One of our clinicians recently posted on our Jostle intranet that they were in a position to buy children’s books for therapeutic purposes and asked for recommendations from the rest of our clinicians. While we often have great clinical conversations among ourselves, this one was especially fun because it was the first one that involved our new colleagues from Buckendorf Associates (the future Hello Clinic). The suggestions were so great that I thought I’d go public with them. After all, this sort of information is best when it’s shared far and wide, right?
As usual, we’re not getting anything from any of these books or from their sales. We just honest to goodness like them! So, without further ado, here are our favorite 36 kids books for speech therapy:
From Kathleen, clinician at The Hello Clinic
Chalk, Bill Thomson
The Chicken Thief, Beatrice Rodriguez
Shh We Have a Plan, Chris Haughton
The Man Who Walked Between the Towers, Mordicai Gernstein
Good Night Gorilla, Peggy Rathmann
Duck & Goose, Tad Hills
The Lion’s Share, Matthew McElligott
Not a Stick, Antoinette Portis
Not a Box, Antoinette Portis
Hooray for Hat, Brian Won
A Boy and HIs Jaguar by Alan Rabinowitz and Catia Chien is a really great (and true!) story if you have kids with fluency goals
From Sharon Soliday, founder and CEO
When I was working with adolescents I purchased hard copies of Cliff Notes of typical books read at the middle & high school (Romeo & Juliet, Diary of Anne Frank, etc.) It really let us cut to comprehension and sequencing and other pre-teaching tasks to assist students accessing general ed curriculum.
From Lori, clinician at The Hello Clinic and in the schools
Pete the Cat books, various authors
The Gruffalo, Julia Donaldson
Pout Pout Fish, Deborah Diesen and Dan Hanna
Flight of the Dodo, Peter Brown
Graphic novels have become really popular….I have used one called Chi’s Sweet Home (Kanata Konami) that has very little language but has a good visual story and wrote a story with kids to go with it.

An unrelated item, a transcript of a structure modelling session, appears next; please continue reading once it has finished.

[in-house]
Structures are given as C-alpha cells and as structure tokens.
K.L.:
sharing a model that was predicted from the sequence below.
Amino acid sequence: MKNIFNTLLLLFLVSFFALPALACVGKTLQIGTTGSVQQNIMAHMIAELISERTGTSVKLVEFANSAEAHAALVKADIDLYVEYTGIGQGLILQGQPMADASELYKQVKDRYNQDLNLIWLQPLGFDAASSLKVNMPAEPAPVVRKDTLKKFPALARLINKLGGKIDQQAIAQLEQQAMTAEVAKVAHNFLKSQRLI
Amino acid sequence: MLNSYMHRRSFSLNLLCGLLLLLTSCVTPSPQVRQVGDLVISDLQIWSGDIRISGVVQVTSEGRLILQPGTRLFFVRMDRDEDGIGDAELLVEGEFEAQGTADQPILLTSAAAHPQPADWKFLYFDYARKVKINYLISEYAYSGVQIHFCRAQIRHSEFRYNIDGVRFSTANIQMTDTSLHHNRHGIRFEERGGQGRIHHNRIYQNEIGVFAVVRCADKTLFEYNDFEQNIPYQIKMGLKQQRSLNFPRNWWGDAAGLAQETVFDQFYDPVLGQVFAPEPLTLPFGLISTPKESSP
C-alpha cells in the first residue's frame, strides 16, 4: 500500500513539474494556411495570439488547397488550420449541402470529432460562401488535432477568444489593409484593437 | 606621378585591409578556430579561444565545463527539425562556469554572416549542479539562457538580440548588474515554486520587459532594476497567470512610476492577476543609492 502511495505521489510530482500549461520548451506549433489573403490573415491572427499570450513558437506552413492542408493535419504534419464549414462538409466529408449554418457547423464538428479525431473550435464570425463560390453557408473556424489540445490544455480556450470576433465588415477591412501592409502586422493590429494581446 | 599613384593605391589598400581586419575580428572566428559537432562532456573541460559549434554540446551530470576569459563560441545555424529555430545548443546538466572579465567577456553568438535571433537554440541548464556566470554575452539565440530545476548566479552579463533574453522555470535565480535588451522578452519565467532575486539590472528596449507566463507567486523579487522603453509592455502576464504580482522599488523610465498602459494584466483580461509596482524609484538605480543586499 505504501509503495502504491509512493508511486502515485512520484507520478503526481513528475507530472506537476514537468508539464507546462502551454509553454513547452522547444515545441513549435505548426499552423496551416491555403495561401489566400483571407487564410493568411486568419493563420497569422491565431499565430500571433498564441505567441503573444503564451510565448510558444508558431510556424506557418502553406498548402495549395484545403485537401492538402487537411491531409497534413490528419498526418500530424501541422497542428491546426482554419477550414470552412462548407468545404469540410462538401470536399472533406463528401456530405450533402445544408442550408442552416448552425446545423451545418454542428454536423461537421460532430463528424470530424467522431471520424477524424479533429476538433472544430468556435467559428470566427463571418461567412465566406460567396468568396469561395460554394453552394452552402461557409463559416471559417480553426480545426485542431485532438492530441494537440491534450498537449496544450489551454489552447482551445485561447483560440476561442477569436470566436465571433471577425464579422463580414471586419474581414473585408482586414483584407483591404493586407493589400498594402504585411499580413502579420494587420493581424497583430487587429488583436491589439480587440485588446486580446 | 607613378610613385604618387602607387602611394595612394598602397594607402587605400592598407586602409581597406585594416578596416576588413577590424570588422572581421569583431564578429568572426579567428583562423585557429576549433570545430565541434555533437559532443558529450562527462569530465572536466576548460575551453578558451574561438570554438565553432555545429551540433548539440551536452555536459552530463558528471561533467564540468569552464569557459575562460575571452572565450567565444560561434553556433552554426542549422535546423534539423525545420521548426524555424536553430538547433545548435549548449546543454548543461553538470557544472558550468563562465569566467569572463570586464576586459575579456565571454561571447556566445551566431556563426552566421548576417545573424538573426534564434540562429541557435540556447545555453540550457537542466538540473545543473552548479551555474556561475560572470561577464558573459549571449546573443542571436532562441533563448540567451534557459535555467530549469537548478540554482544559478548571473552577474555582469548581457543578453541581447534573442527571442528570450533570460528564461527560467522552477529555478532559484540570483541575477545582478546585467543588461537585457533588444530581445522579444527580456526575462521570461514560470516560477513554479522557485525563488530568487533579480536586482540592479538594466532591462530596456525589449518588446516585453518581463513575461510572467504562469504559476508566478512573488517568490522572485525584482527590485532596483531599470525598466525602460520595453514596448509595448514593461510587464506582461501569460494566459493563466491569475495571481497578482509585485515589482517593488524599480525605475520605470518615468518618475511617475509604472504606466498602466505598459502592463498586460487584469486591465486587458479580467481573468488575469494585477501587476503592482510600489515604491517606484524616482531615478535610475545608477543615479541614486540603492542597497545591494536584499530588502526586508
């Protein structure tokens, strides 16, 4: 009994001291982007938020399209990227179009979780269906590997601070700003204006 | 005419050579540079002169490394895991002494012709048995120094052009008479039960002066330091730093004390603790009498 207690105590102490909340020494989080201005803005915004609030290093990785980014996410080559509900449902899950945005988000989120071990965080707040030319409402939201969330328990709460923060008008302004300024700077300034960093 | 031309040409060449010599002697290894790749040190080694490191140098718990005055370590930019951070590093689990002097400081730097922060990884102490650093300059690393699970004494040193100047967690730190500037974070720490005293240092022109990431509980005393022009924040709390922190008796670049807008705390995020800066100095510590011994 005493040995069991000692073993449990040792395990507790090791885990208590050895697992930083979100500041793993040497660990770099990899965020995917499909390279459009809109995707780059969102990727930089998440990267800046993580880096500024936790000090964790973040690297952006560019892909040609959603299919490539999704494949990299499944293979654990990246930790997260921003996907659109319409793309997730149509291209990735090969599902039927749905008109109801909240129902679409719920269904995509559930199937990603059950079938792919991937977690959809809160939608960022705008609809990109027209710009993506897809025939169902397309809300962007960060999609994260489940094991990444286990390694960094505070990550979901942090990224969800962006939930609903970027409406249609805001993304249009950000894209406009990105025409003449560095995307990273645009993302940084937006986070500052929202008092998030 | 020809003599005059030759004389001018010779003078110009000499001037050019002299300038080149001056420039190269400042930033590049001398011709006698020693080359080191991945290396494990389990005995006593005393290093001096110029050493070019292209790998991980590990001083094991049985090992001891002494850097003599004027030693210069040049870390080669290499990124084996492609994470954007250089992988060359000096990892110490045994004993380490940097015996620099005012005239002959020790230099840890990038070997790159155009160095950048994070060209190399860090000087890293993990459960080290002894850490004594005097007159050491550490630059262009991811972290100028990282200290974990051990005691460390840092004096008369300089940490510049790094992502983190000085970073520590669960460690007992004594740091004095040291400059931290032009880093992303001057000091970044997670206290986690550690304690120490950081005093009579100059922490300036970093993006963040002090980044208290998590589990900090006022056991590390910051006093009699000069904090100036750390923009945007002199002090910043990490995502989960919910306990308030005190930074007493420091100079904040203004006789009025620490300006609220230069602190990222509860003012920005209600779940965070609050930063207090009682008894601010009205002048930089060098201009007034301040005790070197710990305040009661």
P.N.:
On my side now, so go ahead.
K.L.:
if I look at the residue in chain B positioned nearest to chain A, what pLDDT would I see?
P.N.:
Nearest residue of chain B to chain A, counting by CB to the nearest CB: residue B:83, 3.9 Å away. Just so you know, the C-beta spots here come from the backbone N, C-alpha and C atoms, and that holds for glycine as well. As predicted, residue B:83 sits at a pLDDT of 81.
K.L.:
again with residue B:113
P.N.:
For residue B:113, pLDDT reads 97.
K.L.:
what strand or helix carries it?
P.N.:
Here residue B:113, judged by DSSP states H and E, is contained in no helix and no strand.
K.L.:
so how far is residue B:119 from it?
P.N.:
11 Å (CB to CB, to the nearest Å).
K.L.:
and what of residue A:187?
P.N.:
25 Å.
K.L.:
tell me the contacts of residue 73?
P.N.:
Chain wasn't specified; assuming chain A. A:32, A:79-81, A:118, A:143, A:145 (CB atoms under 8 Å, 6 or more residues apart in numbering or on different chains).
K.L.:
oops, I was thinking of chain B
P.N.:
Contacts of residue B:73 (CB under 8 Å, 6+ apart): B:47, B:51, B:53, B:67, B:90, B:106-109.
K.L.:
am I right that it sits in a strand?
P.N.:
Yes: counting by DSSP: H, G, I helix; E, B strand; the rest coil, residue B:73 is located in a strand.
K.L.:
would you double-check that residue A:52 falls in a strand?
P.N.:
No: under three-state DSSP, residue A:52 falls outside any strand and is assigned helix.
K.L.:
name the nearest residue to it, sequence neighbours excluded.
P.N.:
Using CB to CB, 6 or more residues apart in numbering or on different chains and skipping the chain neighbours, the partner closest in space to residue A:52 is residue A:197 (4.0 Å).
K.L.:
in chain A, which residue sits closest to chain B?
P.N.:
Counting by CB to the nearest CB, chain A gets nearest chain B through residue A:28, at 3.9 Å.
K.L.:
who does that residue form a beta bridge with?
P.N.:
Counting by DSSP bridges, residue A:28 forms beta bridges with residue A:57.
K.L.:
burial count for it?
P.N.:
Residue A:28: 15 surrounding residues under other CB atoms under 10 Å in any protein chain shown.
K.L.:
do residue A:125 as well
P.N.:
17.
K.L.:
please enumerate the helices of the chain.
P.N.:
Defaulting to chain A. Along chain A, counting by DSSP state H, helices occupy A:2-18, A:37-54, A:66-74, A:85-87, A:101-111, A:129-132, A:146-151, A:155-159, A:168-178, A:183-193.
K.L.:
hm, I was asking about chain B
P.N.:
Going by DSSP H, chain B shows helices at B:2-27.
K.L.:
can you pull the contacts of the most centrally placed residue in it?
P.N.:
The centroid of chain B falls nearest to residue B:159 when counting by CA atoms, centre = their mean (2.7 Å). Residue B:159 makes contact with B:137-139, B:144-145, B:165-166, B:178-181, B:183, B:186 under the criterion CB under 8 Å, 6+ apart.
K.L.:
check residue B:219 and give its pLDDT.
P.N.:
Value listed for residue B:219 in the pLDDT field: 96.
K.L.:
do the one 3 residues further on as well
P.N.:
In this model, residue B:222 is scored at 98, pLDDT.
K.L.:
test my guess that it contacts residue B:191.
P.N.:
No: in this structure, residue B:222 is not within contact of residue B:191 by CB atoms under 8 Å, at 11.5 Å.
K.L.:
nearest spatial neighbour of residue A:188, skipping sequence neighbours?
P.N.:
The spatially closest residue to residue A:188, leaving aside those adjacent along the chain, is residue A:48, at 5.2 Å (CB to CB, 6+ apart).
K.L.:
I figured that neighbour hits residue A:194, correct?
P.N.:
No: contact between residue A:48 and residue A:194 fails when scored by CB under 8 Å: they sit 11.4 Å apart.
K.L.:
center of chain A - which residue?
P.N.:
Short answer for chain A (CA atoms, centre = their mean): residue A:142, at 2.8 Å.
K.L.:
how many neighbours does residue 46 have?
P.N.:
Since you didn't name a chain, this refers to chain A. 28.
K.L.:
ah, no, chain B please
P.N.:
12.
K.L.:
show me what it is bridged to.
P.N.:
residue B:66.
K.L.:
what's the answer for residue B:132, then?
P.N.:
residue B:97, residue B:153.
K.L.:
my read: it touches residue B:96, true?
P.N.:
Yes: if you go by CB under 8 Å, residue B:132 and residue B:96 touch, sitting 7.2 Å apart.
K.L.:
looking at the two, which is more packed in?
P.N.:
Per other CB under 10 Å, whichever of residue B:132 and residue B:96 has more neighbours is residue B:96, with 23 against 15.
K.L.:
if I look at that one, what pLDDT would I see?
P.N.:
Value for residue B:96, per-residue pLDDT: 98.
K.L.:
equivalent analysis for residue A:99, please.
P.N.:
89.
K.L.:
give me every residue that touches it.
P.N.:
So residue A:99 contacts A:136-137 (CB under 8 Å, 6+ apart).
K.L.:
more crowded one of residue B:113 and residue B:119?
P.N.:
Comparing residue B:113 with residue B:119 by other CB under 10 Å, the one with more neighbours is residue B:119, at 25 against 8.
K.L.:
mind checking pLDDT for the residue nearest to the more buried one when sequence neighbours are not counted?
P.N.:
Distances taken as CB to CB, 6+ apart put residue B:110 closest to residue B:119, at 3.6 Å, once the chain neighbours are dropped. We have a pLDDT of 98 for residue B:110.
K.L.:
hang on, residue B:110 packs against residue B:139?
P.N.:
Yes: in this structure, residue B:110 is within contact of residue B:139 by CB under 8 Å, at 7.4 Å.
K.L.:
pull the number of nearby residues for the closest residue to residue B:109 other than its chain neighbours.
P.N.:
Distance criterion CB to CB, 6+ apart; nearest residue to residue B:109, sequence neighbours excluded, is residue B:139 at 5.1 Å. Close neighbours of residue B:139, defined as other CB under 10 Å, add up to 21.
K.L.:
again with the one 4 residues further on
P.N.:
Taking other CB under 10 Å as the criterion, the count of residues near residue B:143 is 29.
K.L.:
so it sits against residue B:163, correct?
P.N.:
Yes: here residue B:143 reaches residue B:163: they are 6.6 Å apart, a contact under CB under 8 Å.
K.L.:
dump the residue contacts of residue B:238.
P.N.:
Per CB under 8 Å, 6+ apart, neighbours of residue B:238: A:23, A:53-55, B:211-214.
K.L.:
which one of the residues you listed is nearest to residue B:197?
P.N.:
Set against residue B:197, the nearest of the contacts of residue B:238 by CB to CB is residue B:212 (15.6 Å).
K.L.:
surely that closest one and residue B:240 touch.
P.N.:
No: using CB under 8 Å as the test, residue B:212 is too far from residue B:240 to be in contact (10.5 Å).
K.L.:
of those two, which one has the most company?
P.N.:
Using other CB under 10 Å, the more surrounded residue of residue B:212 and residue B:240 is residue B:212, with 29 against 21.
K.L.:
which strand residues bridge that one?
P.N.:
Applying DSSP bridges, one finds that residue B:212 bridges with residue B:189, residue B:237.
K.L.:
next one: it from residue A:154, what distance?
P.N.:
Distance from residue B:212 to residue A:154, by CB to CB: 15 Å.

For middle readers, I like Wonder (R.J. Palacio) and Petey (Ben Mikaelsen). The main character in Wonder has a “facial deformity,” and the main character in Petey has CP.
From Melissa, clinician in the schools
I like repetitive stories for pre-k like Brown Bear, Brown Bear (Bill Martin, Jr. and Eric Carle) or the Very Hungry Caterpillar (Eric Carle).
From Laura, clinician at The Hello Clinic
The Watermelon Seed, Greg Pizzoli
Escape of Marvin the Ape, Caralyn Buehner and Mark Buehner
Circus Ship, Chris Van Dusen
the Mercy Watson series (simple chapter books with great illustrations), Kate DiCamillo
A Piece of Cake, Cupcake Brown
The True Story of the Three Little Pigs, Jon Scieszka and Lane Smith
Click Clack Moo Cows That Type, Doreen Cronin
Snowman at Night (lots of s-blends and verbs), Caralyn Buehner and Mark Buehner
Shh! We Have a Plan, Chris Haughton
the Elephant and Piggie series, Mo Willems
Rainstorm (wordless picture book),
Mustache Baby, Bridget Heos and Joy Ang
That is Not a Good Idea, Mo Willems
The Very Cranky Bear, Nick Bland
And myself? A few years ago, I saw Dr. Laura Justice speak on emergent literacy and fell in love. She co-authored this *totally free* Read It Again curriculum that uses common children’s books to target pre-literacy and speech-language targets. I’ve implemented in varying ways in a few different districts with great success, and have even taught parents to use it during home visits. All of these books are, of course, just the tip of the iceberg. As Laura said at the end of her post, “Gosh, there are so many…I could go on and on!” If you’re a kids book lover like we are, be sure to check out all of our Books We Love series here on the blog!